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When a friend froze to death in 2013, Dana Neil Flint knew something had to change. Her friend, Dana Eagle, was homeless and struggled with substance abuse. But he sought treatment and was working to turn his life around. After a time away in treatment, Eagle returned to Riverton and had no where to go. He was homeless, and ultimately it cost him his life.

Neil Flint, whose career has been made supporting those in our communities who need it most, took Eagle’s death hard. So, she set to work providing a place to help the homeless get back on their feet. And that’s how Eagle’s Hope was born.

A note Dana Eagle sent Dana Neil Flint shortly before he died.

Neil Flint credits the seed for Eagle’s Hope as coming from the Riverton Police Department’s Solutions Committee, but things really kicked into gear in early 2014. And since then, Eagle’s Hope has served as a place to help people get off the street and back into society. Since it began, more than 200 people have come through Eagle’s Hope’s doors.

“I can safely say this is where my home started!” one previous resident said. “Thanks and help from Dana Flint and Duffy Glasgow, I am now going on 6 months sober in my own home with my daughter back in my life and my marriage having been saved. With their help, we have accomplished so much to begin our new life!”

And now, this week, Eagle’s Hope is officially opening as a registered nonprofit with a managing board and a home that’s legally its own. The building on the 700 block of West Main had been rented for a while but through significant donations, the nonprofit has purchased it.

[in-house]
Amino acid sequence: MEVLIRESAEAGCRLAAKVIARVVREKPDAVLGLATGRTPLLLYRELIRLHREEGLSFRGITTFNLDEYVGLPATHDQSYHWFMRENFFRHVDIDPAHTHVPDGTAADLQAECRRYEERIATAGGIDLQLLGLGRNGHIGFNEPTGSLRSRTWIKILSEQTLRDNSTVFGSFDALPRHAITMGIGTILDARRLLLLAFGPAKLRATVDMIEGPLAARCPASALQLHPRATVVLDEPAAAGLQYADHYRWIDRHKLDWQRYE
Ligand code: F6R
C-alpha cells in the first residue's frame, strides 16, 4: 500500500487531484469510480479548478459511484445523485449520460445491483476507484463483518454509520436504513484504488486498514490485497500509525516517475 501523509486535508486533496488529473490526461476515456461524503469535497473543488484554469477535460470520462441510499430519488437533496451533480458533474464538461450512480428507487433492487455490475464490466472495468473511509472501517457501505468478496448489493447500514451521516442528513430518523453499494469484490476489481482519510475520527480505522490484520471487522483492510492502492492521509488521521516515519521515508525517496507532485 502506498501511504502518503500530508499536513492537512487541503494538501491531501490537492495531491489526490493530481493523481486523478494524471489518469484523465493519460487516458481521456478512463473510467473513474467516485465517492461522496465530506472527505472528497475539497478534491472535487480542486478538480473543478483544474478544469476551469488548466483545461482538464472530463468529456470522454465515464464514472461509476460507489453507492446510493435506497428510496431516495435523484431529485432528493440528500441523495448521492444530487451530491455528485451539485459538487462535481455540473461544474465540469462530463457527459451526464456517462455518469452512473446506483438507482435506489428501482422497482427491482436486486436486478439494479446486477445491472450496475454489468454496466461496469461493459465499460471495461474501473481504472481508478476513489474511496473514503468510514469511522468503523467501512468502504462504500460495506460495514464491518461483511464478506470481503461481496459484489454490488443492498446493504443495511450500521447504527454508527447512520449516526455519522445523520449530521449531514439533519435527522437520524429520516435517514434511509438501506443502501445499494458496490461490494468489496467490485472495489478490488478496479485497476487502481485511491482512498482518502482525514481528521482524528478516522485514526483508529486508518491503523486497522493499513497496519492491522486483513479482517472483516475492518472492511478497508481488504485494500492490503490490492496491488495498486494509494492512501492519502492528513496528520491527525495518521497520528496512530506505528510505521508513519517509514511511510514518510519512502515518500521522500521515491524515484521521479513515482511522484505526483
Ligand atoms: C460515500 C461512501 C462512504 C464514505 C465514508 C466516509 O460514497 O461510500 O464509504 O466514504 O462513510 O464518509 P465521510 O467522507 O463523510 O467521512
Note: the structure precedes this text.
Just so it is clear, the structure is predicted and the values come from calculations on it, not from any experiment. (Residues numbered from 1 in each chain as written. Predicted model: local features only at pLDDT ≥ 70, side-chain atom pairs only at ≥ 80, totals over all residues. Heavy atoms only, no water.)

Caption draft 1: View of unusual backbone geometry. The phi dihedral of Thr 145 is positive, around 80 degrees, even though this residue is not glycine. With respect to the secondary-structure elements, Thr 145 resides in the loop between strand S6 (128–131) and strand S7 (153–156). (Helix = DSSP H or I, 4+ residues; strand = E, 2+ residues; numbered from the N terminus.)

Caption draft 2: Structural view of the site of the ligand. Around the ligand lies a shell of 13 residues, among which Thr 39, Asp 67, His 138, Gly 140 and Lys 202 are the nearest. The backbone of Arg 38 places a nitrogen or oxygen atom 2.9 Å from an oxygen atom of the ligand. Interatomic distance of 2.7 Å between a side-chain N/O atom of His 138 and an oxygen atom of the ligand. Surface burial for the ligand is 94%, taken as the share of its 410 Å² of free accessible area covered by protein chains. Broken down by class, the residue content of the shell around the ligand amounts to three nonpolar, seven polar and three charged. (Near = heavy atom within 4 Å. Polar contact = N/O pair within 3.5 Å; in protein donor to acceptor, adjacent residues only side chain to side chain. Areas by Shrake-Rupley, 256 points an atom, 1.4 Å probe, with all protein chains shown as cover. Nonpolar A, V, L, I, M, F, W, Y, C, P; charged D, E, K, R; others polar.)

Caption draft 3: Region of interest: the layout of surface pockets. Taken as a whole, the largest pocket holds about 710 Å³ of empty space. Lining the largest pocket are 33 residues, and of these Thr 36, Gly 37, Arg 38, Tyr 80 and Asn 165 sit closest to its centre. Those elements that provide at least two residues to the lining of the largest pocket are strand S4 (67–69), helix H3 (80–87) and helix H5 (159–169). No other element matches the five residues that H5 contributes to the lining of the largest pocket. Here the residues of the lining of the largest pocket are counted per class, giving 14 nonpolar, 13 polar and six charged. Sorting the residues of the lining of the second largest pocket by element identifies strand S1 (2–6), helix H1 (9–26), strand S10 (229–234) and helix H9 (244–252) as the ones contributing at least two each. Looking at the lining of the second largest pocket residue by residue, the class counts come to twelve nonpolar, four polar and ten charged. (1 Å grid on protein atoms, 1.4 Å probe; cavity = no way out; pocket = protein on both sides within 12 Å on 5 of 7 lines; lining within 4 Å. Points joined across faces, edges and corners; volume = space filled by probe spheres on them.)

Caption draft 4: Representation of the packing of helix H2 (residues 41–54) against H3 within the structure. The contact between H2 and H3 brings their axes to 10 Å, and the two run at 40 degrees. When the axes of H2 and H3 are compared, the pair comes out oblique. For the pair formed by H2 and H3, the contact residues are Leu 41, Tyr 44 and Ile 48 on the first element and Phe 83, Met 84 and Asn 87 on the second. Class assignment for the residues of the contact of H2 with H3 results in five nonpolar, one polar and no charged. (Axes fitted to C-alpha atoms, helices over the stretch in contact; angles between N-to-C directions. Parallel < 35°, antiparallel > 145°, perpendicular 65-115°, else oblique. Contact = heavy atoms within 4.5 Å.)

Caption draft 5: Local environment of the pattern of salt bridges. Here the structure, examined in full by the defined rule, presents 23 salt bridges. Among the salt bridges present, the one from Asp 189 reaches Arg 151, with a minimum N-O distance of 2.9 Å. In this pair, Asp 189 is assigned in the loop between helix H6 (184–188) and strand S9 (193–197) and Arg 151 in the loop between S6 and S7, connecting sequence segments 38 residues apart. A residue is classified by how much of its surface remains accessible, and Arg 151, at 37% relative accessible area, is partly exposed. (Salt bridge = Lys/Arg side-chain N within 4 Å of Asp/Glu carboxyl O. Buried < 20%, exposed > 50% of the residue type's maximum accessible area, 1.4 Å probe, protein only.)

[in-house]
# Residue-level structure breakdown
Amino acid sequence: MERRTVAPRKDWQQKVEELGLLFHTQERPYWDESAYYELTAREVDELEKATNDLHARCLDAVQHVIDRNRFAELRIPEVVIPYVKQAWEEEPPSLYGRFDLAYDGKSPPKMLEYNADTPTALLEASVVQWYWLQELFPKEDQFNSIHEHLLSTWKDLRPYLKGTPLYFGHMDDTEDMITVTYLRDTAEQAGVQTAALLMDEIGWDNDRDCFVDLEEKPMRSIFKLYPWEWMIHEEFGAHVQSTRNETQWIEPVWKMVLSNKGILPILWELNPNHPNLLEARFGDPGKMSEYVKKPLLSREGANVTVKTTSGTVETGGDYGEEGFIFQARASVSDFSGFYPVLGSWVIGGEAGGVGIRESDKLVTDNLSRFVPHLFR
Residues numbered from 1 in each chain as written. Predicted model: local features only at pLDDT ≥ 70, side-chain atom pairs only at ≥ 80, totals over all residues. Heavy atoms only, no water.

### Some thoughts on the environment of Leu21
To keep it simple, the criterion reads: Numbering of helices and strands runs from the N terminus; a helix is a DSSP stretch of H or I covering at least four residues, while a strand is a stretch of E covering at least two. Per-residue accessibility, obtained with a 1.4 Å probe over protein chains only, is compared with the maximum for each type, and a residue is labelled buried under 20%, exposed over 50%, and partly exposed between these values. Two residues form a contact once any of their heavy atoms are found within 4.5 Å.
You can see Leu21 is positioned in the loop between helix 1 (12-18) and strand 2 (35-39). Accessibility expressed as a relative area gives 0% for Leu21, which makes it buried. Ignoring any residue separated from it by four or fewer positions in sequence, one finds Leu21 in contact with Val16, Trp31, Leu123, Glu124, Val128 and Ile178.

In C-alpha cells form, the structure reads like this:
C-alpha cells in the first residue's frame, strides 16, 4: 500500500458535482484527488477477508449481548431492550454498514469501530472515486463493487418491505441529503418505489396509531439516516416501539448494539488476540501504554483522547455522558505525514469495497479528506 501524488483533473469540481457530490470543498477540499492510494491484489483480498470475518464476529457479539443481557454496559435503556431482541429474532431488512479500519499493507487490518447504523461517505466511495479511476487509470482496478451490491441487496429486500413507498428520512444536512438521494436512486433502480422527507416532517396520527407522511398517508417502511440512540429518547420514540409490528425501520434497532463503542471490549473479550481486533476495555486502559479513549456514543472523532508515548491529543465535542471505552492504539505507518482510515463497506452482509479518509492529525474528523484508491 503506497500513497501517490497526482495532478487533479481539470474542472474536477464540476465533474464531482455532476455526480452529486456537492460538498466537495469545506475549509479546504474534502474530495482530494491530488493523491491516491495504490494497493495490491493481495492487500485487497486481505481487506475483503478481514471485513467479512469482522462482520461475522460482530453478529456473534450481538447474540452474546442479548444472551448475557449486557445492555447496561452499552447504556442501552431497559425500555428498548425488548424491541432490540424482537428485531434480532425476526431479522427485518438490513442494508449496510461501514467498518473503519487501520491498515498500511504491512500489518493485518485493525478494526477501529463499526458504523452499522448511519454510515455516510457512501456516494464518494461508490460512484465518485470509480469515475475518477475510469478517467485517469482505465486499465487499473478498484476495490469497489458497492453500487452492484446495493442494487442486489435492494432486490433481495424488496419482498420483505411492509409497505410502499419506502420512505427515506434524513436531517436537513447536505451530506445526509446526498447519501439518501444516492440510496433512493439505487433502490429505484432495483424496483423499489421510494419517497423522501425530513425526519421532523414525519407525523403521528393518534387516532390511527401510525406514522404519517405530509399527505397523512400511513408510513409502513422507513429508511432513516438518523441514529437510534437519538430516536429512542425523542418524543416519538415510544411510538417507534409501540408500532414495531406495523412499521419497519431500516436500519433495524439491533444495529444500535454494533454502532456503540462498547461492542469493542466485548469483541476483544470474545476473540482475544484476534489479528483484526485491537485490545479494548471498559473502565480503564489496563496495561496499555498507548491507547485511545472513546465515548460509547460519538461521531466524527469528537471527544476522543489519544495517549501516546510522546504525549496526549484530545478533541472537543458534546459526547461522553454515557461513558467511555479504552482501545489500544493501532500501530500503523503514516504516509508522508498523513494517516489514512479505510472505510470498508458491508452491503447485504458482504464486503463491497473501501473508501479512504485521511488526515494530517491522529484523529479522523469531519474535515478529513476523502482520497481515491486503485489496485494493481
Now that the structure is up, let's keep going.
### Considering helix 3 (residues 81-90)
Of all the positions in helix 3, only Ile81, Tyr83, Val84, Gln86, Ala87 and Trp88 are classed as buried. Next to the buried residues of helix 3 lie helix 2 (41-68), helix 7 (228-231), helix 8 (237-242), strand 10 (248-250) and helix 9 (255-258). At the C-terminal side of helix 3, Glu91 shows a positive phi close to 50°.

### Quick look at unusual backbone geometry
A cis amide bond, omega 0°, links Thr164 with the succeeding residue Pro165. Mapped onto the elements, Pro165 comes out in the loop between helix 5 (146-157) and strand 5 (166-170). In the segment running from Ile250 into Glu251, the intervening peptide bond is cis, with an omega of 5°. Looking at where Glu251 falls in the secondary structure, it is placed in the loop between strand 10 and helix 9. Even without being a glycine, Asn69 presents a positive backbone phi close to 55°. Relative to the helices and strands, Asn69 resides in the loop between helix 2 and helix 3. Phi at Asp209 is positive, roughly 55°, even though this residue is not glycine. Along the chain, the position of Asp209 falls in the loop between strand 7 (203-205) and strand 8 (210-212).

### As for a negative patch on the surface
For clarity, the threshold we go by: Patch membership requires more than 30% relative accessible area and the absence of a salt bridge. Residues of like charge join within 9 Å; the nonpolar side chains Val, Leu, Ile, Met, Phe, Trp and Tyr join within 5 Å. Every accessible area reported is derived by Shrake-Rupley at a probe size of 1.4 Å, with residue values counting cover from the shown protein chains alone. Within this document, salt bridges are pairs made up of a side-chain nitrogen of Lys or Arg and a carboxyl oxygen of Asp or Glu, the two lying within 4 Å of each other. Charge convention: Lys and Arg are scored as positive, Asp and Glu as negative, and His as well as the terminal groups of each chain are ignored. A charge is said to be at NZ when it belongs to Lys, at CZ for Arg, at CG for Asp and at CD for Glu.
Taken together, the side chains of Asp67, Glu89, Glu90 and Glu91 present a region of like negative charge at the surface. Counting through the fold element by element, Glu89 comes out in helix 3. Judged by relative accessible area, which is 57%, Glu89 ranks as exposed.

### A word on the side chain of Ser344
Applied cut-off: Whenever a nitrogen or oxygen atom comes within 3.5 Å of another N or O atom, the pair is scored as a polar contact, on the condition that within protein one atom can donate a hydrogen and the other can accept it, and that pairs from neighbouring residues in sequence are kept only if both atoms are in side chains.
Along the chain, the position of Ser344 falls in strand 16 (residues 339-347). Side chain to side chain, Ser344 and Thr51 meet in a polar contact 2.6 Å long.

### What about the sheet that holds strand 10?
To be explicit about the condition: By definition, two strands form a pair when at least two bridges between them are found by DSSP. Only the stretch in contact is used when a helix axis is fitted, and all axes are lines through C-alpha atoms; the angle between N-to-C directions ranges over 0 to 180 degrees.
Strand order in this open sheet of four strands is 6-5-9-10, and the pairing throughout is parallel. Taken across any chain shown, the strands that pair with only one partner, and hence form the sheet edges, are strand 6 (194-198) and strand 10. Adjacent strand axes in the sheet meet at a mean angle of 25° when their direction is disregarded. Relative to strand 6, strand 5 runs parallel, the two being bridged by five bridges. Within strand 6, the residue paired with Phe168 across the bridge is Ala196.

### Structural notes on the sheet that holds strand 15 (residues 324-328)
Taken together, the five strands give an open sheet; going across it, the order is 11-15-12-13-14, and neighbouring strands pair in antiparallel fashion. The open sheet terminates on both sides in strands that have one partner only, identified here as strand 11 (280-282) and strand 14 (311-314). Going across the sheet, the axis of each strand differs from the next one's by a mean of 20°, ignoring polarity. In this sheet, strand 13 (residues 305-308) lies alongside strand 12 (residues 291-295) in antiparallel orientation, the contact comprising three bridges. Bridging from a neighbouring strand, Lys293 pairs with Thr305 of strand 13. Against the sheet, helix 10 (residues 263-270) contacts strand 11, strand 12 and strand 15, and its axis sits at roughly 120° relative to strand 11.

The Riverton United Methodist Church donated $50,000 toward the purchase, Neil Flint said. An anonymous donor gave another $50,000. Other churches and businesses have given thousands in monetary and physical donations to help Eagle’s Hope succeed.

The goal in helping residents is to be a hand up, not a hand out, Neil Flint says. Residents of the center must meet several qualifications.

  • It’s a sober living environment; no alcohol or drugs is allowed (Drug testing kits and breathalyzers will keep the residents accountable).
  • They must pay rent, although at a much more affordable cost than most of Fremont County. For instance, there is a $100 deposit required. A single occupant is $350/month and a double is $450/month.
  • Residents must also have a job.
  • Individuals with a violent history are not allowed.

What do they get for their rent? The center provides the roof, utilities, and minimal food. Counseling is the biggest part. Neil Flint and her team provides case management, helping each individual learn what sober living is like, offering Narcotics Anonymous and other groups, and teaching life skills (from how to do laundry to getting to work on time). Additionally, she will be bringing in people to help teach courses on different job and life skills. Residents are also taught and encouraged to be involved in the community and volunteer their time to other causes.

There are 15 units available at Eagle’s Hope, and there is no minimum or maximum stay limits. They take each individual on their own needs. Neil Flint likes to say to new residents, “I’m happy you’re here, but I don’t want you here forever.”

Riverton Police Chief Mike Broadhead is the chairman of the Eagle’s Hope board. One of the main things the center provides, in his view, is an address. Jobs and IDs all require some kind of address from applicants, and if you don’t have a home there’s nothing you can provide. Eagle’s Hope fixes this barrier of entry back into society.

Broadhead sees Eagle’s Hope as hitting one of the three main issues facing Riverton: homelessness. The Volunteers of America is tackling addiction and Fremont Counseling is tackling mental illness. With the three groups all active, he sees positive momentum happening.

“It’s one of those things that makes our community a better place,” he said.

This is the perfect opportunity, he said, for people who want to help out but don’t have the training necessary to help in the other two realms. Eagle’s Hope can use monetary donations or even hands-on maintenance work around the facility.